“Today’s teenagers have been exposed…to anti-drug messages…designed to generate fear in young people and encourage them to abstain from alcohol and other drug use.”
–Dr. Marth Rosenbaum, Safety First: A Reality-Based Approach to Teens and Drugs

Over 30 years ago First Lady Nancy Reagan popularized an anti-drug campaign best known by its catchphrase: “Just say no.” From a political standpoint, Mrs. Reagan couldn’t have more simply expressed “the” solution to drug issues. Not only was the action to be taken remarkably straightforward, the description of that action was, too. “Just say no!” A single word was all that was needed to vanquish the problem of drug use among our young people.

The simplicity of the solution strongly implied by extension that the problem itself was simple. Indeed, if a single action is truly the only thing necessary, perhaps people had made the problem entirely too complicated. America did not need to spend millions of dollars on law enforcement and treatment, or countless hours on education and mentoring. No, the problem was simply individual kids taking drugs based on their own choices. Very successfully, the anti-drug campaign sold the idea that making kids strong enough to say no was the best—and ultimately the only—answer.

Many Americans whose lives were not affected by the daily consequences of drug use, easily embraced this revolutionary step toward an end to the Drug War. These citizens began actively supporting abstinence-only education in schools, advertising on television, and programs in communities, youth groups, churches, and any other place where children were able to hear the message.

The result? After over 30 years of warning children to just say no, studies have shown no definitive correlation between drug-abstinence education and a reduction in the drug use of minors. Why did this program fail? And most importantly, after finding no documentable proof of any sort of success, why are we still using it?

Many people would argue that actions earn fitting results, and since those people understand drug use as a negative action, they reason that negative consequences must follow it. Furthermore, they believe that if the negative repercussions of drug use don’t happen consistently, kids will sense a weakness in the authority dictating proper behavior and morality; and that would make the problem of teen drug use even more out of control.

Moreover, many adults can remember a good deal about incidents in their own youth—times when they made foolish choices and suffered negative consequences for those choices. Since today those people are successful enough to have earned some degree of authority, their logic is that a set of rules that worked for them (and indeed, for many others like them) must necessarily be the most effective rule for everyone else.

One attitude rarely mentioned is the motivation that accompanies this abstinence-only instructional model. To be sure, many have been able to resist whatever temptations have befallen them: overeating, cheating financially, and using drugs, among other things. Inside many of us exists the sense that “proper” behavior is often the sacrifice of some sense of pleasure. The conviction that those who were not strong or brave enough to resist these pleasures should be punished: “Why should some people get to do the pleasurable things that we didn’t get to do?” they may think. The idea of unfairness often pulls at us and causes us to wish for punishments to others for getting away with something. But even within these deeply intrapersonal conclusions lies what has long seemed to be a given: that everybody on earth should live within and adapt to precisely the same framework as everyone else, no matter the differences in individual life circumstances.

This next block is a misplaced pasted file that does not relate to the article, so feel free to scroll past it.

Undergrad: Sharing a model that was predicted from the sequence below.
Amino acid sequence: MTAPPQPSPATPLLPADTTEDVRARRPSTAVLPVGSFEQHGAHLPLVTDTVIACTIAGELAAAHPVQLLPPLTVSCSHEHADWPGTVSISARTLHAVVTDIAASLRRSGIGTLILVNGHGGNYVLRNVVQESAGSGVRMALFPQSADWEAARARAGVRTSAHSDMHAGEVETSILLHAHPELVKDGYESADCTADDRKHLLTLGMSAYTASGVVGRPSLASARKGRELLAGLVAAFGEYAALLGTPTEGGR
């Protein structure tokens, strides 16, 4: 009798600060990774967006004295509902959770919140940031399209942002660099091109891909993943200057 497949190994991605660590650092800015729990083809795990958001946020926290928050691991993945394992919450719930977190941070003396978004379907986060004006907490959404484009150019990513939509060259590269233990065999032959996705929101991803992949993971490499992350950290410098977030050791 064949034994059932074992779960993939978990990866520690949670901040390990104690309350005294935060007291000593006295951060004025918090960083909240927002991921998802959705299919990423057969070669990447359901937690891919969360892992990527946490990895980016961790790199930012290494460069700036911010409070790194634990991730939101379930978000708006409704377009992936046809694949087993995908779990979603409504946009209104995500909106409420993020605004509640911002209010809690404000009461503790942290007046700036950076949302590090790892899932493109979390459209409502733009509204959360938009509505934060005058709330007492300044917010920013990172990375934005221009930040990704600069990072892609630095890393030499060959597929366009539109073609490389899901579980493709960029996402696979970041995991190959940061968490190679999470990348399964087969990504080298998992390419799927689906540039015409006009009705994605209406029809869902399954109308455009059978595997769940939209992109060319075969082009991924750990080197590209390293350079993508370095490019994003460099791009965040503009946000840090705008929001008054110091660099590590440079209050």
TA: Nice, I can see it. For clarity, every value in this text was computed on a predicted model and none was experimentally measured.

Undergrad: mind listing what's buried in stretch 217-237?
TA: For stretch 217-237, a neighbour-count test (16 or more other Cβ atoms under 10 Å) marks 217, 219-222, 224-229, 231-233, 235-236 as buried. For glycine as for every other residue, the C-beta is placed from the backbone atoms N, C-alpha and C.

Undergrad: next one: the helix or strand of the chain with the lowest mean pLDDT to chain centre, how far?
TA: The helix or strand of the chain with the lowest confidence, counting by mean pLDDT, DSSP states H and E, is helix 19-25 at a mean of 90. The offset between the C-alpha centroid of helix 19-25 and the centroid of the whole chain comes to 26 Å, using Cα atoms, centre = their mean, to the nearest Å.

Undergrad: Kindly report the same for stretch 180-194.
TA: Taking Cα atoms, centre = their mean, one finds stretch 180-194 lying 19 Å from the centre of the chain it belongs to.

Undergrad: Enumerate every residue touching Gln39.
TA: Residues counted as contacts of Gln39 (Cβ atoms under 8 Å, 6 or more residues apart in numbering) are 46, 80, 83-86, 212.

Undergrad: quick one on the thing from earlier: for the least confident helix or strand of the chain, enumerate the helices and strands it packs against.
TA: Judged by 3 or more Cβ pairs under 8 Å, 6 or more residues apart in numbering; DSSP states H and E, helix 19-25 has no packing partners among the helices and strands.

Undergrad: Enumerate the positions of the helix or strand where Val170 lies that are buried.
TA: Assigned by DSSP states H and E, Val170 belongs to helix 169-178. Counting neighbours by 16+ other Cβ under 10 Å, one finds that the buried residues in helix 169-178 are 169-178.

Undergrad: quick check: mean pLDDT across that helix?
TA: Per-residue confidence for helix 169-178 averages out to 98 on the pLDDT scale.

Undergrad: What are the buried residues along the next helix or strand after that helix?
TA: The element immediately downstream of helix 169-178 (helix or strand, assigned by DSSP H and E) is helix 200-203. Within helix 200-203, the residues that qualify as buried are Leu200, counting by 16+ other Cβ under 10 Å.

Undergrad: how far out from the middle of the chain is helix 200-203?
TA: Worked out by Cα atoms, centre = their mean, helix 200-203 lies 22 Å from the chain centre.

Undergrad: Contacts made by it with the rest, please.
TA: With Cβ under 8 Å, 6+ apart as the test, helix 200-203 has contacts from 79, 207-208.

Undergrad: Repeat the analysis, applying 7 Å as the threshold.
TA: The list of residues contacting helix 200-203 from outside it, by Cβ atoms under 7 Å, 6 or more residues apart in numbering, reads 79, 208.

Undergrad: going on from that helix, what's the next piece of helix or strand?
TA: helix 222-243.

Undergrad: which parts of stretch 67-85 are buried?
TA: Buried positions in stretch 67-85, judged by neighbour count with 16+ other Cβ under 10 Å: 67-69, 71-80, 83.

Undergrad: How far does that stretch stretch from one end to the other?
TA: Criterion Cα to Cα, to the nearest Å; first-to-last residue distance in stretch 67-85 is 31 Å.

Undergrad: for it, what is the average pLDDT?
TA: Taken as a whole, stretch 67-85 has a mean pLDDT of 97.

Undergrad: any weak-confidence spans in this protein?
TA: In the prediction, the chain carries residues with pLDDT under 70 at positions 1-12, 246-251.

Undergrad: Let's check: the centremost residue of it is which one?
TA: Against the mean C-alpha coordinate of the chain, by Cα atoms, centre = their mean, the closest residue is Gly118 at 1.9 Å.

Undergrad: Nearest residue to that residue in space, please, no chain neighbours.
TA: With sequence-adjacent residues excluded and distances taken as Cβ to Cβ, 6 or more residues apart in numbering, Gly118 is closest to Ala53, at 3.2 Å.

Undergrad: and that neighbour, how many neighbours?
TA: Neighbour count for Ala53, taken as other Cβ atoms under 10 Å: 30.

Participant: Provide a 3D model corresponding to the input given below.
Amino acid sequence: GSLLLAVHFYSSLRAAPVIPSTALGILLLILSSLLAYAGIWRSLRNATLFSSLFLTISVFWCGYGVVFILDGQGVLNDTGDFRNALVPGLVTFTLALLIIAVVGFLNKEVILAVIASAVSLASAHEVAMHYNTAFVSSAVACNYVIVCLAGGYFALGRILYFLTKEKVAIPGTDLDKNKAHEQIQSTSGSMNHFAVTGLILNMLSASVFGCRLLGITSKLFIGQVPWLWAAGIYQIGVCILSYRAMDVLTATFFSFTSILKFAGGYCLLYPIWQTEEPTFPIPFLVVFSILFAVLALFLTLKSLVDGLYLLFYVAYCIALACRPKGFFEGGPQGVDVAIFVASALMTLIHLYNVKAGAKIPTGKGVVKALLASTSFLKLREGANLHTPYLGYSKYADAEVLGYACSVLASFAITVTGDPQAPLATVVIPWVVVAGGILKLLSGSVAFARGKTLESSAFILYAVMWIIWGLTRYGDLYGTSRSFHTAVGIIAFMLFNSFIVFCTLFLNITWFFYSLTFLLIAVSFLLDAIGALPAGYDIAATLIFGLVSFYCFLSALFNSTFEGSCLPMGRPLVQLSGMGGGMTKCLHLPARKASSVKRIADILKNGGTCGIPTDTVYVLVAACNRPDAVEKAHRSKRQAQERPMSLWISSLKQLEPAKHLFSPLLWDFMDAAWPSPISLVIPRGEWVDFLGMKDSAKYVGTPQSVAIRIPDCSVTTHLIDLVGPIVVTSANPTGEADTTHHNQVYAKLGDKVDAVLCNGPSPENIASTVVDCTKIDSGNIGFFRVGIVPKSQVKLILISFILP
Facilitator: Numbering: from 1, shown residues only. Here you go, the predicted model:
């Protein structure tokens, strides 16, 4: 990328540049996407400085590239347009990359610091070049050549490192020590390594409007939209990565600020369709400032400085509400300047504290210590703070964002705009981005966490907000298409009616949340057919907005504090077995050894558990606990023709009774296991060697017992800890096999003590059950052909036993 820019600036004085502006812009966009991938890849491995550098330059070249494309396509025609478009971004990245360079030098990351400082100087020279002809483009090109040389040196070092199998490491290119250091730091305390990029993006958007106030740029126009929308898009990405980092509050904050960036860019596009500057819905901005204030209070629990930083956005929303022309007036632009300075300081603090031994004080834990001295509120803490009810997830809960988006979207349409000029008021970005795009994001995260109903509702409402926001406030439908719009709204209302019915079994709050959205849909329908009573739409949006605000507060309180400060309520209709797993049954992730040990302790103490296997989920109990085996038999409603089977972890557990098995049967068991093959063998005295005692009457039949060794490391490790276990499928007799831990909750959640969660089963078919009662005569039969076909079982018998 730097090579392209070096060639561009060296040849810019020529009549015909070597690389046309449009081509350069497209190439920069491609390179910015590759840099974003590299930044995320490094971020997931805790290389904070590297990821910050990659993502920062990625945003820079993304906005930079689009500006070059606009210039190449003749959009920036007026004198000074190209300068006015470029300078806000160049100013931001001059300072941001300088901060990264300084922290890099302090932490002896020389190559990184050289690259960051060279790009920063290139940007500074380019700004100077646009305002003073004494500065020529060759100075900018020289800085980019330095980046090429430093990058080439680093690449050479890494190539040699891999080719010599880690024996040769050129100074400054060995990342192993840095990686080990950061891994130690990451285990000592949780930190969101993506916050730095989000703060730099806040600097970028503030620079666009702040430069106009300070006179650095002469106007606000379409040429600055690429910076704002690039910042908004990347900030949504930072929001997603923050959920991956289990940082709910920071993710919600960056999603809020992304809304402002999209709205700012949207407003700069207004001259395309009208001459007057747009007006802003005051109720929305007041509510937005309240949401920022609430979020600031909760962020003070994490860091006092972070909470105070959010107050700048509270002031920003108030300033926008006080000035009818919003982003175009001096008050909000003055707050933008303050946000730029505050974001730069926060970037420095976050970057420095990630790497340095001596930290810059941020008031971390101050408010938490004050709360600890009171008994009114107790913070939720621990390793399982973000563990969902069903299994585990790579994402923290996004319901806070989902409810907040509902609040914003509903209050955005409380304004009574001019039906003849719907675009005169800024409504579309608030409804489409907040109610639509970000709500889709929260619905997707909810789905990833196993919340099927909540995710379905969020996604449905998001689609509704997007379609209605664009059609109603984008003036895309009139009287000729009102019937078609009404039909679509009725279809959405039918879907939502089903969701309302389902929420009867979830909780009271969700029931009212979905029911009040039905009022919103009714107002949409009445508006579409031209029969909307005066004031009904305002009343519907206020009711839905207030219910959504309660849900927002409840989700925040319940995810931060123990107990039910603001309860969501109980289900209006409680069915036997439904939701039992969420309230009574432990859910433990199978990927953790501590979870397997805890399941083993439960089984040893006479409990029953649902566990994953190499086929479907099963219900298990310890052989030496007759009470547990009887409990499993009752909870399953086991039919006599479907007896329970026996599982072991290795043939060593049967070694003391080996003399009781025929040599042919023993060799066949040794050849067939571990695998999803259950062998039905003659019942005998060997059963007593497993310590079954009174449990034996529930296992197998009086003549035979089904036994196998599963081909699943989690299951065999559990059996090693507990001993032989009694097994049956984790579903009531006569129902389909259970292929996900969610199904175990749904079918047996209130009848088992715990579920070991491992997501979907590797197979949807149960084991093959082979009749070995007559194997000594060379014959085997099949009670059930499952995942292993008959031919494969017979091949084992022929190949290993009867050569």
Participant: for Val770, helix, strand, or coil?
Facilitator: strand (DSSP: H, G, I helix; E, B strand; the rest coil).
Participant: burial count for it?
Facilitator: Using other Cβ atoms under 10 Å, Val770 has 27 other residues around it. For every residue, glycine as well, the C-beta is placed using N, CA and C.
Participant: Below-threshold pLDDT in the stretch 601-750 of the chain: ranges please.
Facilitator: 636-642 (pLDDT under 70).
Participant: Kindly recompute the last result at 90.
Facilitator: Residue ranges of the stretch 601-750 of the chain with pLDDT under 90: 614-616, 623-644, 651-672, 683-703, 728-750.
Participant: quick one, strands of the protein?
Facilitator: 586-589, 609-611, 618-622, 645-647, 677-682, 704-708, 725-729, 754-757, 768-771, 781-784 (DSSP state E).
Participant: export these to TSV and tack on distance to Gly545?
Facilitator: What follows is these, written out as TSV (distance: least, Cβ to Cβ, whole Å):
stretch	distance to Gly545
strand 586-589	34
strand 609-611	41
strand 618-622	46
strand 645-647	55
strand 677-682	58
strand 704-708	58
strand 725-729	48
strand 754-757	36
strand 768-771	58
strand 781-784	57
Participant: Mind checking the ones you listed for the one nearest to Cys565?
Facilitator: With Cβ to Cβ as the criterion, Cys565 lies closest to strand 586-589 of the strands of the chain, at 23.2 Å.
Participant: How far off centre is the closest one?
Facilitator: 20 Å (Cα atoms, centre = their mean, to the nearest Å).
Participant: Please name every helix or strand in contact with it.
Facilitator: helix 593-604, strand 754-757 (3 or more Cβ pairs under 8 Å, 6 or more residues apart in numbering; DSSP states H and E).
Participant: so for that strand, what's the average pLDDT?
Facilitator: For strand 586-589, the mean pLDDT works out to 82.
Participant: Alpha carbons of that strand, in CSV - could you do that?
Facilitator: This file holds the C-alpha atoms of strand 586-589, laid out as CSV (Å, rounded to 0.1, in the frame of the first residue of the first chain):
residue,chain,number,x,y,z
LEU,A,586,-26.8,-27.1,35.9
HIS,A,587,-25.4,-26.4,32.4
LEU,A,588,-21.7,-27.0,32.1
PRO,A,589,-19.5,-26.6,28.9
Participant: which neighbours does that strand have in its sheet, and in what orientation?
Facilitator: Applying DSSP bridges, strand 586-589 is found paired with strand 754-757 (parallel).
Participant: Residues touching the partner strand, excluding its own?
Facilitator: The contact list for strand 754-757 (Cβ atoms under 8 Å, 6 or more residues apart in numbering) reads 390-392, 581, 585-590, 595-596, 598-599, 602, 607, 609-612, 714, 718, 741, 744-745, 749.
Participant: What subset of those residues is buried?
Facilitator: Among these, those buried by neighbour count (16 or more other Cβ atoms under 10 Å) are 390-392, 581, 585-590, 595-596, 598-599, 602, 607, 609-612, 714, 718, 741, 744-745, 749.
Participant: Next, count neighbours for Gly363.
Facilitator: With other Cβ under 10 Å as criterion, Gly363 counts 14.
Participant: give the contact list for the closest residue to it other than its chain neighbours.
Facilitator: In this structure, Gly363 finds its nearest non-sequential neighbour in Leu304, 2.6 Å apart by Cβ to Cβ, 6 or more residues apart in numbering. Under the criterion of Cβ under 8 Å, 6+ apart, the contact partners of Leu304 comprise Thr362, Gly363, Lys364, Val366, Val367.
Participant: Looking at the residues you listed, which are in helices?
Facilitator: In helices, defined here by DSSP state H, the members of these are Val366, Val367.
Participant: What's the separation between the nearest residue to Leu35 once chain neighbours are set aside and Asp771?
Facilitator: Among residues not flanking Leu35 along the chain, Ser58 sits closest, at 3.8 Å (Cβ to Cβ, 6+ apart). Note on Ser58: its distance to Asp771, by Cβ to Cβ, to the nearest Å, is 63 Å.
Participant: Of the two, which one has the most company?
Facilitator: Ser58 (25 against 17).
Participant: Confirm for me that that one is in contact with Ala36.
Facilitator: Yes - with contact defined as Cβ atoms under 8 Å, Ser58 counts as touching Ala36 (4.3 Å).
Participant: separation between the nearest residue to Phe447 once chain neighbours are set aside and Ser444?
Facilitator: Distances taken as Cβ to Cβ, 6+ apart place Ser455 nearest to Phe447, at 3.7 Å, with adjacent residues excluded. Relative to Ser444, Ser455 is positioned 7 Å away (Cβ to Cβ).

One notable factor in all of these attitudes is that they focus more on the people unaffected by the repercussions of behavior than they do on those actively suffering those repercussions. Desires for swift punishment, for equality of constraint and predictable results stem from within those enforcing the rules. Such people are not the ones who will be directly affected by the policies they support; those affected are, ironically, overlooked.

This systematic uniformity has proven to be a colossal failure, as shown by the utter lack of effectiveness of abstinence-only drug education. And yet, in spite of this uselessness, the myth persists that, if one form of punishment proved to be utterly useless, surely a stronger form of that same punishment should do the trick. Albert Einstein once quipped that “The definition of insanity is doing the same thing over and over but expecting different results.” It seems that the policies of abstinence-only drug education have, over their years of repetition, entered the realm of insanity.

It is time for a new outlook on kids’ drug use. It is time for a factual accounting of effective strategies that may be used to best help out youth. It is time to meet kids on terms that are realistic for them, not terms that the rule makers find most comfortable. It is time for authorities to put aside their fears and to face the problem of young people’s drug addiction head-on. It is time to be brave enough to step into young people’s own territory; to meet young people where they are.

And how do we do that? In our next post we will delve deeper into Dr. Rosenbaum’s reasoning, and discuss views on drug education that should always remain in focus before beginning.

– By Maggie Maurer,
SPW Policy Intern